# Could an alternative proof of Heron's formula follow from writing $s^2\frac{\sqrt{(b+c)^2-a^2}}s\frac{\sqrt{(a+c)^2-b^2}}s\frac{\sqrt{(a+b)^2-c^2}}s$?

I've looked at a number of proofs of Heron's formula and other related questions on this forum, but I was just wondering if the following half-baked idea could relate to yet another proof. Rearranging the formula:

\begin{align} K &= \sqrt{s(s-a)(s-b)(s-c)}\\[0.5em] &= s^2\frac{\sqrt{s(s-a)}}s\frac{\sqrt{s(s-b)}}s\frac{\sqrt{s(s-c)}}s \\[0.5em] &= s^2\frac{\sqrt{(b+c)^2-a^2}}{a+b+c}\frac{\sqrt{(a+c)^2-b^2}}{a+b+c}\frac{\sqrt{(a+b)^2-c^2}}{a+b+c} \end{align}

Now the first ratio, for example, is the ratio of final to initial height if you take a line segment of length $$(a+b+c)$$ and collapse it into a right triangle with base $$a$$ and hypotenuse $$b+c$$. So I'm thinking, maybe if you start with a triangle of base $$2s$$ and height $$s$$ or vice versa (hence area $$s^2$$), and perform three such sequential "collapse" operations, you could get the triangle $$ABC$$, while reducing the area by the corresponding ratio each time? Or something roughly in that vein...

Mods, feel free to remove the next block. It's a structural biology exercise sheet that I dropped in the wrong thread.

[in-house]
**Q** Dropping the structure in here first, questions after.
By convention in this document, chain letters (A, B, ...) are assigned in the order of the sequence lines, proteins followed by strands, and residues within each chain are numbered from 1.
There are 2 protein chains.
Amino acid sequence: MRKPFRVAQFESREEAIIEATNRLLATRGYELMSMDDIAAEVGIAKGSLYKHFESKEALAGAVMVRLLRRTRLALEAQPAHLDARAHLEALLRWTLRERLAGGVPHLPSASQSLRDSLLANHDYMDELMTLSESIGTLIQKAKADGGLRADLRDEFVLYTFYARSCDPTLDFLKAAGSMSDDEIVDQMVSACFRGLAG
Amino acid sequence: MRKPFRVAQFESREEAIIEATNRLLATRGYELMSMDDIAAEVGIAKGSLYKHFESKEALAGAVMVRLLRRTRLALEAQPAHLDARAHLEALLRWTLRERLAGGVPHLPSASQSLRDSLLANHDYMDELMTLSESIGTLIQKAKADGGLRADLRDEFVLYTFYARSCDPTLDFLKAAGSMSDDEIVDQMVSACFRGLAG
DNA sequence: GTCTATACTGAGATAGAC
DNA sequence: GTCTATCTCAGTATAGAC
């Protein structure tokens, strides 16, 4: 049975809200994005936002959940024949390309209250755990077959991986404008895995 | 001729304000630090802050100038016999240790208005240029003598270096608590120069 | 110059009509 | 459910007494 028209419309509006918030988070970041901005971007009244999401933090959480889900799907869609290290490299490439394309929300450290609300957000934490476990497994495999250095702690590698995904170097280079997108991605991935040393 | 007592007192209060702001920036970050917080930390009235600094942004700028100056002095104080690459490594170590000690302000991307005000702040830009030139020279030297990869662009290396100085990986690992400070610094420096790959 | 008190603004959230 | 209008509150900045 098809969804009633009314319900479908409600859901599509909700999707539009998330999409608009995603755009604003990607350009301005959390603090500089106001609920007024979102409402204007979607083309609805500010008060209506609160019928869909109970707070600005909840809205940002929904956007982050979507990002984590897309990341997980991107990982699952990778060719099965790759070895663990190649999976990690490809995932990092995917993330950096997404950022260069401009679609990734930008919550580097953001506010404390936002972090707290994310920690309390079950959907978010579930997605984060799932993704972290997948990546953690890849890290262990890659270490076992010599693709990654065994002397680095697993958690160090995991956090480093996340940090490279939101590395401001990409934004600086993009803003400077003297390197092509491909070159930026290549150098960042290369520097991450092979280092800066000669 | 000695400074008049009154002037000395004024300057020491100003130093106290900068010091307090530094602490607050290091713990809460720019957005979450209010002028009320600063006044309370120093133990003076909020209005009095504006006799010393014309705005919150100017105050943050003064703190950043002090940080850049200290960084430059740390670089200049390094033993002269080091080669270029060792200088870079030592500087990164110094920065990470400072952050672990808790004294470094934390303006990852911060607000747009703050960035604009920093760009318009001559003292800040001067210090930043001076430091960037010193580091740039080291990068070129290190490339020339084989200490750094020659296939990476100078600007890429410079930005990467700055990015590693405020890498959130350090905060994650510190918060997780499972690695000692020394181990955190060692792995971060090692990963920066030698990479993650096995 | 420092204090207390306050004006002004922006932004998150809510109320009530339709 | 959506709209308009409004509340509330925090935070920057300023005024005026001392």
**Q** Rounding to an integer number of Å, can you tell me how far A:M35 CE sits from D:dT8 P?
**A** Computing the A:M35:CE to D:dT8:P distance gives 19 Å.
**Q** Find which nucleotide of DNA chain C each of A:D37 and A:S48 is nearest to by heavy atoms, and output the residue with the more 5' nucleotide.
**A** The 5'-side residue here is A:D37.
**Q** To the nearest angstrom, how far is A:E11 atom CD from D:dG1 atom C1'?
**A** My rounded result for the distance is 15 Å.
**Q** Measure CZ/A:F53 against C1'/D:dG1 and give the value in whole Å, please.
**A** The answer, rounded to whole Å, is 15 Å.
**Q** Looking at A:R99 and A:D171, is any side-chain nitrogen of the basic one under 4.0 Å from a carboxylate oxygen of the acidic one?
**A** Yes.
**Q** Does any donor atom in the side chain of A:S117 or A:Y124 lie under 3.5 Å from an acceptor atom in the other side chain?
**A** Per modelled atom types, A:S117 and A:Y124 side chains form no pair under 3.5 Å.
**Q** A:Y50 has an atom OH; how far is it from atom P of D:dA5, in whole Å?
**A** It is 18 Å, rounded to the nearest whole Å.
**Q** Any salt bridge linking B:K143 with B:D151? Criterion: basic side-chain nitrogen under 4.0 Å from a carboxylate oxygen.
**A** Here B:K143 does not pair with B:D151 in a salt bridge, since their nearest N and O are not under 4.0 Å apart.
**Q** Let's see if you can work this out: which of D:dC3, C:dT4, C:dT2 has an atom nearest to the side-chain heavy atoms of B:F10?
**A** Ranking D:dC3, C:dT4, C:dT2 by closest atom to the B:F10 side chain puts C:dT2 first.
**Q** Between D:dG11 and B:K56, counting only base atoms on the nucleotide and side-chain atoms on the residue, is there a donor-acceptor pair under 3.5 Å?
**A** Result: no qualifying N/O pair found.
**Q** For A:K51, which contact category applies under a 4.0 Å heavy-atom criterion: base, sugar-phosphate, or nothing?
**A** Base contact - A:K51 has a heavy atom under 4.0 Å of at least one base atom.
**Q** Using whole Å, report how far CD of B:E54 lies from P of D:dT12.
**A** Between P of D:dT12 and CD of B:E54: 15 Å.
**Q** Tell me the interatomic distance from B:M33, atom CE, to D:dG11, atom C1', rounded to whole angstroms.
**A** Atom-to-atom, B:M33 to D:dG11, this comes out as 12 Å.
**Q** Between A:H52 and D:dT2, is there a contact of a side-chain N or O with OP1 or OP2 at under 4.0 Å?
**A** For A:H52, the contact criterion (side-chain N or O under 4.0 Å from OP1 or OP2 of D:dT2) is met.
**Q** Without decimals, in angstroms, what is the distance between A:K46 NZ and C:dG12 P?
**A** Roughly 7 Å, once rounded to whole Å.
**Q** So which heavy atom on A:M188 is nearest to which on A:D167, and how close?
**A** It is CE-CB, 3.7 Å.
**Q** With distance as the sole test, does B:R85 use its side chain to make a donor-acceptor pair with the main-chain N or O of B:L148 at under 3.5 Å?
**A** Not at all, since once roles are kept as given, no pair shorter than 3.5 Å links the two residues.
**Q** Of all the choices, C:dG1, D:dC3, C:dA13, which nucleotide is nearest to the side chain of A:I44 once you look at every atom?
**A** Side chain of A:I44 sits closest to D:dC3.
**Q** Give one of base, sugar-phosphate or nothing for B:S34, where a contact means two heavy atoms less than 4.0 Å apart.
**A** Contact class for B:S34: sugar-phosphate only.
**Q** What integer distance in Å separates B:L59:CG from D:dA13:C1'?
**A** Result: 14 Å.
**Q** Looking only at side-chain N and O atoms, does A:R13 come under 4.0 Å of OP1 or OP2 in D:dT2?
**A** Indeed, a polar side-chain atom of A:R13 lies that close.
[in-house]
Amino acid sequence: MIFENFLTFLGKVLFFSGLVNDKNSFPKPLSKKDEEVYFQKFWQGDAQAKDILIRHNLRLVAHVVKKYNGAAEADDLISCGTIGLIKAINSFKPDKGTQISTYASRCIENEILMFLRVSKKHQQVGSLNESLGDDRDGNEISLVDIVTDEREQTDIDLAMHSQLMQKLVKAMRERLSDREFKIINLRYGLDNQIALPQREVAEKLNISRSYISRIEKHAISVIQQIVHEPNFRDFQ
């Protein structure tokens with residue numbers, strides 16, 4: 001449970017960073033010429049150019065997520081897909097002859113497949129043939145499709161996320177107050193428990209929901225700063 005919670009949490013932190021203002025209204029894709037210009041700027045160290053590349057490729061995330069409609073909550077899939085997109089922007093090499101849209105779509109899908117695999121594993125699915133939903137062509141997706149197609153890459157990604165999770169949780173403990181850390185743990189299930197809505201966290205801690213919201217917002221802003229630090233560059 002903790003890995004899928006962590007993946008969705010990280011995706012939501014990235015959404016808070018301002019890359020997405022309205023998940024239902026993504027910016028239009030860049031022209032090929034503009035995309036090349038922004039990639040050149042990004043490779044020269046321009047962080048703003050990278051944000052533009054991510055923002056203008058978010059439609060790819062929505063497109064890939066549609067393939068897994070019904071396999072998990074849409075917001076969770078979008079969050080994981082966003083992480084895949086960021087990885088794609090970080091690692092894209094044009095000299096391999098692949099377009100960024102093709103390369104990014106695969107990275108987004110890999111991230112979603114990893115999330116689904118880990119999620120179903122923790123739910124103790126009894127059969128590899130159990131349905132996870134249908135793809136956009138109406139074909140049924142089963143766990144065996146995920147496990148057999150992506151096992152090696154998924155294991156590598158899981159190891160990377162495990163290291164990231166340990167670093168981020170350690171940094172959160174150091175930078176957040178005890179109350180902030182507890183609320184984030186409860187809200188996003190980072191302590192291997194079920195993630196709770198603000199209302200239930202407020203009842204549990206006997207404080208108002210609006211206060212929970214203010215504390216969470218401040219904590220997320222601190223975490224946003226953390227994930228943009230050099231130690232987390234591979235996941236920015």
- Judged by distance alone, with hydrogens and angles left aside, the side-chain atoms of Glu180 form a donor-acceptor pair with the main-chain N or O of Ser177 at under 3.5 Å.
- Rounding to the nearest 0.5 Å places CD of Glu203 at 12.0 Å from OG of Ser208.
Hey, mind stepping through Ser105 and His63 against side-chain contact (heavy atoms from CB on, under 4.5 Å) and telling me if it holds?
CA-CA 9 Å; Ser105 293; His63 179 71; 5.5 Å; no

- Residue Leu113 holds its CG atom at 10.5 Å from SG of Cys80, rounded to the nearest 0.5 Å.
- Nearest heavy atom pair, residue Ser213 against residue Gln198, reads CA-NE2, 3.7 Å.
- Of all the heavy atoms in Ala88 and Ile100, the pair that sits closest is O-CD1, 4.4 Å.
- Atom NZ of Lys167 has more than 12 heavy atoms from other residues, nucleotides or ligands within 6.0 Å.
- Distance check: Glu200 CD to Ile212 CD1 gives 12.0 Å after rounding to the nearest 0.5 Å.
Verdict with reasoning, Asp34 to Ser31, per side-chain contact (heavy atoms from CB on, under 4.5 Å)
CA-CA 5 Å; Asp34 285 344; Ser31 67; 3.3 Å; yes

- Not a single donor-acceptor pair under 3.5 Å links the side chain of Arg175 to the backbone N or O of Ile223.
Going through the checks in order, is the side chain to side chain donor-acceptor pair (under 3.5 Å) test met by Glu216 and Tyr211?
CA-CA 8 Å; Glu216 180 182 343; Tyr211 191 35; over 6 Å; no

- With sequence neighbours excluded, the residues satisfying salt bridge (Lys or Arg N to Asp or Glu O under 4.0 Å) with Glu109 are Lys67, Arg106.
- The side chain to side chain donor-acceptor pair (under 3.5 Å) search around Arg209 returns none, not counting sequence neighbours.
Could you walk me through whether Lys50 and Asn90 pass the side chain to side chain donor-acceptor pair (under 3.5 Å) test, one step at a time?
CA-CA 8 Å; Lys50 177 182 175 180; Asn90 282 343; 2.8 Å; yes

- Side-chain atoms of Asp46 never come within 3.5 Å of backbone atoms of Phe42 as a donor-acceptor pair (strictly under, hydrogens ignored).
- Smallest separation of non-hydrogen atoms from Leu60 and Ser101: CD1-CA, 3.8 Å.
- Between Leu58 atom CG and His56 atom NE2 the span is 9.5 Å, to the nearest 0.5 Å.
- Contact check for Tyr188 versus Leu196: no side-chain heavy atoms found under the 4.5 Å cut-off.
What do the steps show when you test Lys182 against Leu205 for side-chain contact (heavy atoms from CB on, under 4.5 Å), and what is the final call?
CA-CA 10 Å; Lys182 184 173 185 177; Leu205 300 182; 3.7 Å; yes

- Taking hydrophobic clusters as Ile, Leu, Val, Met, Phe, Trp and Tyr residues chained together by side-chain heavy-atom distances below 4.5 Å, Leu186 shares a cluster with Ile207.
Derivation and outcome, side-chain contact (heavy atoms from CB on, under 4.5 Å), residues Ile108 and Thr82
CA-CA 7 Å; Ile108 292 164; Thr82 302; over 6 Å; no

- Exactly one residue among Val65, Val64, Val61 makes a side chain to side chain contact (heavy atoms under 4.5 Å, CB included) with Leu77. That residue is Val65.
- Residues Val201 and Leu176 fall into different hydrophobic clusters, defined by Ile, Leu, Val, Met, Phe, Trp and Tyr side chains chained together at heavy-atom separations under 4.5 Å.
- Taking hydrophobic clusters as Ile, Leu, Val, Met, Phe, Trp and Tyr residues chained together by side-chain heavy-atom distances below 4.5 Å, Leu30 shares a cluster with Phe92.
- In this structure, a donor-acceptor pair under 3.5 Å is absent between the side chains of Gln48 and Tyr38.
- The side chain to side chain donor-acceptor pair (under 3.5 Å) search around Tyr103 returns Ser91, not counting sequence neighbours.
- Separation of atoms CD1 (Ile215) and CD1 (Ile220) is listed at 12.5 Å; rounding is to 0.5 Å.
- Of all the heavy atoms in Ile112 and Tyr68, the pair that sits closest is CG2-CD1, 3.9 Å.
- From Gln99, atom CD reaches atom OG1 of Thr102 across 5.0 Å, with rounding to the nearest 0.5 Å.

I thought that could be nice because it would be a pretty short proof that more closely hews to the symmetry between $$a$$, $$b$$, and $$c$$.